The crisis finally came that same Friday on which Justin had gone to Leeds. Danny had refused point blank to get in the car to go to the psychiatrist.
‘I’m not nuts. I am not stressed, other than the stress you are putting me under,’ he snarled at his father. ‘So I will not go to the bleeding shrink!’
His father made the mistake of ordering him. Danny had gone past the stage of caring what either of his parents thought or said, and laughed in his father’s angry face. Then, unable to tolerate the pressure another second, he snapped. Turning his back on his father he stomped up to his room. He filled his shoulder pack with clothes and whatever else he thought he might need, swept up his money, cards and building-society passbook.
He was about to storm down the stairs when the ringing of his mobile brought him up short. He pulled it out of his pocket and stared at it for a moment without flipping it open. It was his former friend Alex, out to gloat no doubt. He was already thinking like a fugitive. Could his phone be used by the police to find him? He rather thought that might be possible, if he could believe television shows he’d seen where the villains had been tracked down through their mobiles. He put the device in the drawer of his bedside table. Then he dashed out of the house and rode away on his bike without a further word.
He abandoned his bike behind the garden centre with regret, and slipped into Haddesley Hall’s park. He crept through the grounds and round to the back of the Hall without being seen. He knew the kitchen door would be open. He sneaked up the backstairs and tapped on Gus’s door. A muffled exclamation came from the other side, so Danny went in.
Gus was under the duvet. He looked up with incredulity on seeing Danny, before leaping out of bed in only his briefs to sweep Danny against his warm, nearly naked body. Gus hugged his lover hard, crying all the while.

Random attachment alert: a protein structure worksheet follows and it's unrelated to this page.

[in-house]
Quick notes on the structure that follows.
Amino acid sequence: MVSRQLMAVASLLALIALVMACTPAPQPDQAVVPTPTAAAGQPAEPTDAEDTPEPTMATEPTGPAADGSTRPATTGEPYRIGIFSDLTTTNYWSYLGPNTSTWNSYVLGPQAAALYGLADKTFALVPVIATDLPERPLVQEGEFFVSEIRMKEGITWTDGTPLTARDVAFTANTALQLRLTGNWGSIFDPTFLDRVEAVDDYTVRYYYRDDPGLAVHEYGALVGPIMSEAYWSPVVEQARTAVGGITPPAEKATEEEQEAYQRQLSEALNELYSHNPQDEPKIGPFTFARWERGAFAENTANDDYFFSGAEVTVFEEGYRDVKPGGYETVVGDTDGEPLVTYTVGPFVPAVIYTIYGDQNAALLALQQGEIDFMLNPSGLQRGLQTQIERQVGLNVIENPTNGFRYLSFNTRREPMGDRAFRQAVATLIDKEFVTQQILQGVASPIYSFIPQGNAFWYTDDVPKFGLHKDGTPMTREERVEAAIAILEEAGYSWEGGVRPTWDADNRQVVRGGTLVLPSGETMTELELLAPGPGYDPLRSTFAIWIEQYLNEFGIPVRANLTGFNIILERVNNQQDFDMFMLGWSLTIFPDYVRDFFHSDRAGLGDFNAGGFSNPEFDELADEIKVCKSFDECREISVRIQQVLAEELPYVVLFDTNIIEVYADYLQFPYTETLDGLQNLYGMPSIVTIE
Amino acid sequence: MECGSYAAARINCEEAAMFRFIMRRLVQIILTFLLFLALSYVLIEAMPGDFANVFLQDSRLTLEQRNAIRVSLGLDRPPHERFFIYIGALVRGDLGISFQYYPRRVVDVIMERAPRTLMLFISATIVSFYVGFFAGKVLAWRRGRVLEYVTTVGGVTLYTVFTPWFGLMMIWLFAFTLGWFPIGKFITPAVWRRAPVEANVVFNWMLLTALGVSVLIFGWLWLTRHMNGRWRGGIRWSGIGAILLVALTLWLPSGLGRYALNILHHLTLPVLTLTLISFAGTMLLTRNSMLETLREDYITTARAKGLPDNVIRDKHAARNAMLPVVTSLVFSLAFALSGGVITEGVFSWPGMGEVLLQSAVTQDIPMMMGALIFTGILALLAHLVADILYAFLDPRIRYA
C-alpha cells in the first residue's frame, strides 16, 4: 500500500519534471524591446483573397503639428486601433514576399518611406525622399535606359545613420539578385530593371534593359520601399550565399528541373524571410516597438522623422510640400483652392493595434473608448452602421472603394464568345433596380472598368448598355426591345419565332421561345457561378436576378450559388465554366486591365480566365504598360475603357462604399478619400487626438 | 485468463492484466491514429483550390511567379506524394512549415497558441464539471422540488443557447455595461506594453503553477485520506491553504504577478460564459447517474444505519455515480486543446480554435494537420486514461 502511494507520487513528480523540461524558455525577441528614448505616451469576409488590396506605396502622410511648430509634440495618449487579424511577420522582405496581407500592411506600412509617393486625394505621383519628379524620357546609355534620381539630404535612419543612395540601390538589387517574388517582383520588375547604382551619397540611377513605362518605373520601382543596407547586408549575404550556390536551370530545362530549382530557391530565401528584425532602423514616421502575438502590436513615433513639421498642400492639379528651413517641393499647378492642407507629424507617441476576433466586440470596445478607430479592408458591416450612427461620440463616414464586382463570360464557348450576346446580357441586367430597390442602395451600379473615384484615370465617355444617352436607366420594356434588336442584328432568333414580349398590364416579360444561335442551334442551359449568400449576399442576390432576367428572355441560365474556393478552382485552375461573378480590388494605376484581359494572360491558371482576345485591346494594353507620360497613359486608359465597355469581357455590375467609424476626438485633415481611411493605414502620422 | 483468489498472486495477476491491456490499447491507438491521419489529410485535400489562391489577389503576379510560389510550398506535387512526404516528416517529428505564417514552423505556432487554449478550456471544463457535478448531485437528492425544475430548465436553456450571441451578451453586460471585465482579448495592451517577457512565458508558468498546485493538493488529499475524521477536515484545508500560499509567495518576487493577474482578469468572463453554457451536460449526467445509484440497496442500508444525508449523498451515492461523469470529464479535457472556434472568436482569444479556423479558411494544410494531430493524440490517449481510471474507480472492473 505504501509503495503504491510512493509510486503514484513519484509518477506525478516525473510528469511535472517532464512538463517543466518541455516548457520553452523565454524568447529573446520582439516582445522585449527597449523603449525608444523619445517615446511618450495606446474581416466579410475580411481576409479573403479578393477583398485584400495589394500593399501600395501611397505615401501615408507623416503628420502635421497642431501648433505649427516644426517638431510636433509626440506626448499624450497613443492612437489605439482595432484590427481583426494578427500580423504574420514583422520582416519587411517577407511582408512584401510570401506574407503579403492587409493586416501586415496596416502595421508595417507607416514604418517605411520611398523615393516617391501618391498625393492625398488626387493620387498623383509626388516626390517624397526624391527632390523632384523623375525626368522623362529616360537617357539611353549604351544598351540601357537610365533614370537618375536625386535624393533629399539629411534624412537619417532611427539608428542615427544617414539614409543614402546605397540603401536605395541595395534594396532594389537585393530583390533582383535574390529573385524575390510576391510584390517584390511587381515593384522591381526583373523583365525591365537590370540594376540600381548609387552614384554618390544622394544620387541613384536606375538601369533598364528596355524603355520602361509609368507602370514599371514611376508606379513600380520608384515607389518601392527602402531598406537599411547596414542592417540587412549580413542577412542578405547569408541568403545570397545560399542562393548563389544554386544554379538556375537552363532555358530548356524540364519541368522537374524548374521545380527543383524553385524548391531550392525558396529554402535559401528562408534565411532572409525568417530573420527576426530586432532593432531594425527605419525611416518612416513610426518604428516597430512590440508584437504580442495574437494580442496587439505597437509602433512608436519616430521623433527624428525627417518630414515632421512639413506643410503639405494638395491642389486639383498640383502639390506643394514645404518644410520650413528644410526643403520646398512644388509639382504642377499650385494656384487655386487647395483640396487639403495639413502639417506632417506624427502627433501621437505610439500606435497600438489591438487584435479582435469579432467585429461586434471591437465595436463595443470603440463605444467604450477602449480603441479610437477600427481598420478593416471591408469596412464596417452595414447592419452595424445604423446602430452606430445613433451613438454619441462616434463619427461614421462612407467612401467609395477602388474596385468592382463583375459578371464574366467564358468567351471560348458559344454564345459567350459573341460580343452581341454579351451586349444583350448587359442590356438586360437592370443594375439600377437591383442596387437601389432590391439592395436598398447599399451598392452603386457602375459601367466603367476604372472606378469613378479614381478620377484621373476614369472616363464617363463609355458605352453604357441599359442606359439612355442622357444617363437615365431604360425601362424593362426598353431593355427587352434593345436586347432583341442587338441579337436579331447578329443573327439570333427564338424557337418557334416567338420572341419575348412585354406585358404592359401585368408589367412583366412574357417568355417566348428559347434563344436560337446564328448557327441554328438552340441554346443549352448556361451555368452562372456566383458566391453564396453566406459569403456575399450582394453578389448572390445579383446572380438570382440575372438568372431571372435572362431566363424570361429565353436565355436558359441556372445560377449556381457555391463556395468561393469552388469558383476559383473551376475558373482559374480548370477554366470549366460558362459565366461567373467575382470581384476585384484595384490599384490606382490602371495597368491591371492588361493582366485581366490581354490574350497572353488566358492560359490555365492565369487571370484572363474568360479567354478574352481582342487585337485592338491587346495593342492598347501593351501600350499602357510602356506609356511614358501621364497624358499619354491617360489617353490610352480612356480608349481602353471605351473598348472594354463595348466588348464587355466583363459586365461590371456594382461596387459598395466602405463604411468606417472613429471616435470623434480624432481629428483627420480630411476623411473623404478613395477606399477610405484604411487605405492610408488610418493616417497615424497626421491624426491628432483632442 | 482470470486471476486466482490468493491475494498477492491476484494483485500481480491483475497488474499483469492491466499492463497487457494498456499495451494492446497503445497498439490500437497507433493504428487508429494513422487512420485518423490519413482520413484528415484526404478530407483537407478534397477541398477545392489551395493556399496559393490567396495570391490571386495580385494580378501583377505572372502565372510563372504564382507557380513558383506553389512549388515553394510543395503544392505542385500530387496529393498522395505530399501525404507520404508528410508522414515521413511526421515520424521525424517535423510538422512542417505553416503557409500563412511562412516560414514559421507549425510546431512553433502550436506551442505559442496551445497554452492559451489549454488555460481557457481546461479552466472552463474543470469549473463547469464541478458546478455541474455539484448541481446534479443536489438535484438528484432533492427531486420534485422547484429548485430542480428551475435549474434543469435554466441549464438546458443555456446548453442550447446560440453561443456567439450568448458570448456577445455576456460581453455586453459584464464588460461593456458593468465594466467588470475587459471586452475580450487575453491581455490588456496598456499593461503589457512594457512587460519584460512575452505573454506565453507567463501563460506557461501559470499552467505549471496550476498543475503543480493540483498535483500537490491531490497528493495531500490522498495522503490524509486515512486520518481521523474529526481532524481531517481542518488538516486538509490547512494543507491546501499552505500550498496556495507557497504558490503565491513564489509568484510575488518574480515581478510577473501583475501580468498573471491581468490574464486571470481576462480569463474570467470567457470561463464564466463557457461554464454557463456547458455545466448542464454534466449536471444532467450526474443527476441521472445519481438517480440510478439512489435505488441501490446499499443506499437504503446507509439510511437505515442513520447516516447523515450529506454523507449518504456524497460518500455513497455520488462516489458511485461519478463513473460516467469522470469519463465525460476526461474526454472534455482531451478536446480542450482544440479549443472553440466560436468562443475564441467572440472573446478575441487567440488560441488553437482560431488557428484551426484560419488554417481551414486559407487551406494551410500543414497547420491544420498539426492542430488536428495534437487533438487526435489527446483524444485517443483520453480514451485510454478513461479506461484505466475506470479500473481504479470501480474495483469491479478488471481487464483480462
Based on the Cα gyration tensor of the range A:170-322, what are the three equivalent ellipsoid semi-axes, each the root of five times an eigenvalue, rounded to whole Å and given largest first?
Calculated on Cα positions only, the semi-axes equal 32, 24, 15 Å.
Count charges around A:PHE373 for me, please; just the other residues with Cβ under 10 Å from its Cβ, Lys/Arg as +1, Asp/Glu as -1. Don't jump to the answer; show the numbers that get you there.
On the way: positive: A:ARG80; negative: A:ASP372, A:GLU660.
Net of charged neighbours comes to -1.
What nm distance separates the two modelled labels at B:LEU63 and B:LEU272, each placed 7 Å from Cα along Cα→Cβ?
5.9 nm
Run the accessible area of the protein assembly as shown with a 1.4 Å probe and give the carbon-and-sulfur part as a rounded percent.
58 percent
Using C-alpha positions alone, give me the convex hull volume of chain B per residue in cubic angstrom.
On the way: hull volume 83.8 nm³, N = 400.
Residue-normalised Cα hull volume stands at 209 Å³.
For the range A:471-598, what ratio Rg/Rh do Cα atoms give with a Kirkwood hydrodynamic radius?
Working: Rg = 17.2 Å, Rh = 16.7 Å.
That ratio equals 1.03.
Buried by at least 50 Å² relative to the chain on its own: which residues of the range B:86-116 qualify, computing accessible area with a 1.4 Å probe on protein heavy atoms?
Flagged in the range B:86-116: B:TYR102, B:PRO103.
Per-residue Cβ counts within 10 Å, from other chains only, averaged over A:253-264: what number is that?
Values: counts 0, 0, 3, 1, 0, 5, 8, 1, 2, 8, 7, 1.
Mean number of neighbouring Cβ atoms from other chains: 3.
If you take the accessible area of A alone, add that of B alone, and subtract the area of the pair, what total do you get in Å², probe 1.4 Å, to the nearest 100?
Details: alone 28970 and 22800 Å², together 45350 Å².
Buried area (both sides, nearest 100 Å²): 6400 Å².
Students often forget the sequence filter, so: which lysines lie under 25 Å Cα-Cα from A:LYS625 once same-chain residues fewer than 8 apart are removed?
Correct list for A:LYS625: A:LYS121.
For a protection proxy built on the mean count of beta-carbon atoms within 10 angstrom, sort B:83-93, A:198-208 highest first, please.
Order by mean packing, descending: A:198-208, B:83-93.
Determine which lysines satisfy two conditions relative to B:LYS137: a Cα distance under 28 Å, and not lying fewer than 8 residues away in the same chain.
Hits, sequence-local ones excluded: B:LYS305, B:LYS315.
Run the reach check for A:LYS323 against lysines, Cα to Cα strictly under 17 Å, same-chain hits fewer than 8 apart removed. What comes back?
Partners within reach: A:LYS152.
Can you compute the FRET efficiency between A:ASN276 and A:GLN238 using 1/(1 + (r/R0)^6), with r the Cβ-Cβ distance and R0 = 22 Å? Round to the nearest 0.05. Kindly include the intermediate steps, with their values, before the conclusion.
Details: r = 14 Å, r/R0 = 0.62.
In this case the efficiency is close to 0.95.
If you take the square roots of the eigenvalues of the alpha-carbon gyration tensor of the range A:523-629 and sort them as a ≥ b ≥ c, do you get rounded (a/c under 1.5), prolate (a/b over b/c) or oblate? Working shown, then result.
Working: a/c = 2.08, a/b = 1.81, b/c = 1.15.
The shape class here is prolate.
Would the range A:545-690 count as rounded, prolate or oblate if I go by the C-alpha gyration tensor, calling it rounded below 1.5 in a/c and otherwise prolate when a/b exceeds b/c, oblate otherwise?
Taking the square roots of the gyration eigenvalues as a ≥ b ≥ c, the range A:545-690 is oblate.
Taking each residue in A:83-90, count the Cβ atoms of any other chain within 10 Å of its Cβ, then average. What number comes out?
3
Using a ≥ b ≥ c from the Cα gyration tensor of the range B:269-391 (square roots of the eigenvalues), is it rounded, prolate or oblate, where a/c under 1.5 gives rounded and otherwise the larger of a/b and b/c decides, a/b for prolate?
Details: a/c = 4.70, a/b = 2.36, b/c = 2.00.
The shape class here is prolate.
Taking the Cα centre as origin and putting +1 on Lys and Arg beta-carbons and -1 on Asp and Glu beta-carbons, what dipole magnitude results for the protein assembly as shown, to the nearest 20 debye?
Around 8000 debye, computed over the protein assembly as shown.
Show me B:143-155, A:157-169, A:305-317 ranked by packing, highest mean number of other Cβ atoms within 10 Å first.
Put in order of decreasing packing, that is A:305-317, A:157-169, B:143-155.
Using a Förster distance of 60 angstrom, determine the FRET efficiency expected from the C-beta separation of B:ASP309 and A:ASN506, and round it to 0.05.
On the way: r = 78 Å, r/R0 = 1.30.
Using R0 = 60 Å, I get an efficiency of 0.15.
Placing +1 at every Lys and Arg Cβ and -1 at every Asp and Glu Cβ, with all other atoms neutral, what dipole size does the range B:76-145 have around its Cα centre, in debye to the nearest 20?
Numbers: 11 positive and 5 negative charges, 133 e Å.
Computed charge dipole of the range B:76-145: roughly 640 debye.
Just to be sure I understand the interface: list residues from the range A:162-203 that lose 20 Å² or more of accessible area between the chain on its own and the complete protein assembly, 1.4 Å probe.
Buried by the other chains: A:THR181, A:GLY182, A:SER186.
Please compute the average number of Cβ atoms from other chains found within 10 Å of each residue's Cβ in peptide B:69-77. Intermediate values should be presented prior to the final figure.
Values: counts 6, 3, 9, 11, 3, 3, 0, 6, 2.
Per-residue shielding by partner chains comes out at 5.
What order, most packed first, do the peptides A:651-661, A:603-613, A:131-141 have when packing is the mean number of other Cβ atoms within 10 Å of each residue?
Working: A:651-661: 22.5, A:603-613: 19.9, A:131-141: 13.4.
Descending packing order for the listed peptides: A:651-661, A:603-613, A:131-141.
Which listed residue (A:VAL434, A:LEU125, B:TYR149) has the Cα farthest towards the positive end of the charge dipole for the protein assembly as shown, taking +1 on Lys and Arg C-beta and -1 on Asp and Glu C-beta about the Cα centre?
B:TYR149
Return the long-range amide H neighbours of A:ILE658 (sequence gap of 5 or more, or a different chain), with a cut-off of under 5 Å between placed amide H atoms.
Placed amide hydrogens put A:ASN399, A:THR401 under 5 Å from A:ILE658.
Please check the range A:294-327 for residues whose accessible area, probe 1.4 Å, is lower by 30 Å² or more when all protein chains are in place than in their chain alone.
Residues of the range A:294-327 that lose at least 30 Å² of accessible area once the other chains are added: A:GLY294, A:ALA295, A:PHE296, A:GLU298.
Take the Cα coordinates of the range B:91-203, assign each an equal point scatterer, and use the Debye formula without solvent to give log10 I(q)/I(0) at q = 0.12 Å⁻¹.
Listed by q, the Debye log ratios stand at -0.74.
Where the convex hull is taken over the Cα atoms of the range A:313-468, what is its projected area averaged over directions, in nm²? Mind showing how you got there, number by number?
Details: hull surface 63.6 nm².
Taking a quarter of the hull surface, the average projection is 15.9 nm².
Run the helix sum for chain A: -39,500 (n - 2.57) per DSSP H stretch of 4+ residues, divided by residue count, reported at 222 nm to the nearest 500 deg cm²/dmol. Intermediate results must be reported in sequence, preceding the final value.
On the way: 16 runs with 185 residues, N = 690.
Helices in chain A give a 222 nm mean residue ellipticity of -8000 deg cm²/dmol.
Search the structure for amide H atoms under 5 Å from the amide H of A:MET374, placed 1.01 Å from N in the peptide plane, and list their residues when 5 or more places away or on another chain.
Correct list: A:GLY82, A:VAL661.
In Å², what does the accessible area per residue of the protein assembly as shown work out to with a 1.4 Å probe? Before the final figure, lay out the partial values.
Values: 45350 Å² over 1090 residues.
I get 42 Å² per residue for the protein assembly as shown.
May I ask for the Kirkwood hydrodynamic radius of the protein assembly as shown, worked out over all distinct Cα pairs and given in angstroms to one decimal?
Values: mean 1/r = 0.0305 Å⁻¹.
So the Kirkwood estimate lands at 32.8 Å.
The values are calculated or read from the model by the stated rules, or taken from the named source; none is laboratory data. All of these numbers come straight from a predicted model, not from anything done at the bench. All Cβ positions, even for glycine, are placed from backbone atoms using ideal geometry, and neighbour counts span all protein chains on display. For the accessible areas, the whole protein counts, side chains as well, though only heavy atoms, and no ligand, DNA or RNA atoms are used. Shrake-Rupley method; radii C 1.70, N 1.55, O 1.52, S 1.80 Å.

‘Oh Danny, I have missed you so much … how did you get in here?’
Danny kissed his boyfriend on the lips, decided he liked it, and did it some more. Finally he surfaced. ‘Gus, I’m leaving this dump. I’m going into Ipswich. I’ll take all my savings out, and then I’m going to run away. Anything will be better than the shit I’m wading through at the moment.’
Gus looked at him wonderingly. ‘Where will you go, Danny?’
‘I dunno. I’ll get the first train and see where it takes me.’
‘How much money have you got?’
‘Excuse me saying, but that is not very much to live on.’
‘I’ll get a job and earn more.’
‘I’ve got a better idea. I’ll come with you.’
Danny’s heart beat high. He hadn’t expected this reaction from Gus, but he wasn’t going to fight it. Running away in company was far less scary. ‘How much have you got?’
Gus gave a smile and went to a drawer. He took out a false bottom and removed bundles of banknotes.
‘Christ, Gus, where did you get all that?’
‘Oh, presents, tips from relatives, odd jobs. I’ve never spent any of it, and it mounts up over ten years. There must be £1,000 here.’
‘We’re rich! Or at least, there’s a chance we won’t starve, my … my babe!’
‘Can I be your babe?’
‘As long as you don’t think it’s silly.’
Gus’s eyes sparkled. ‘I don’t think it’s silly at all!’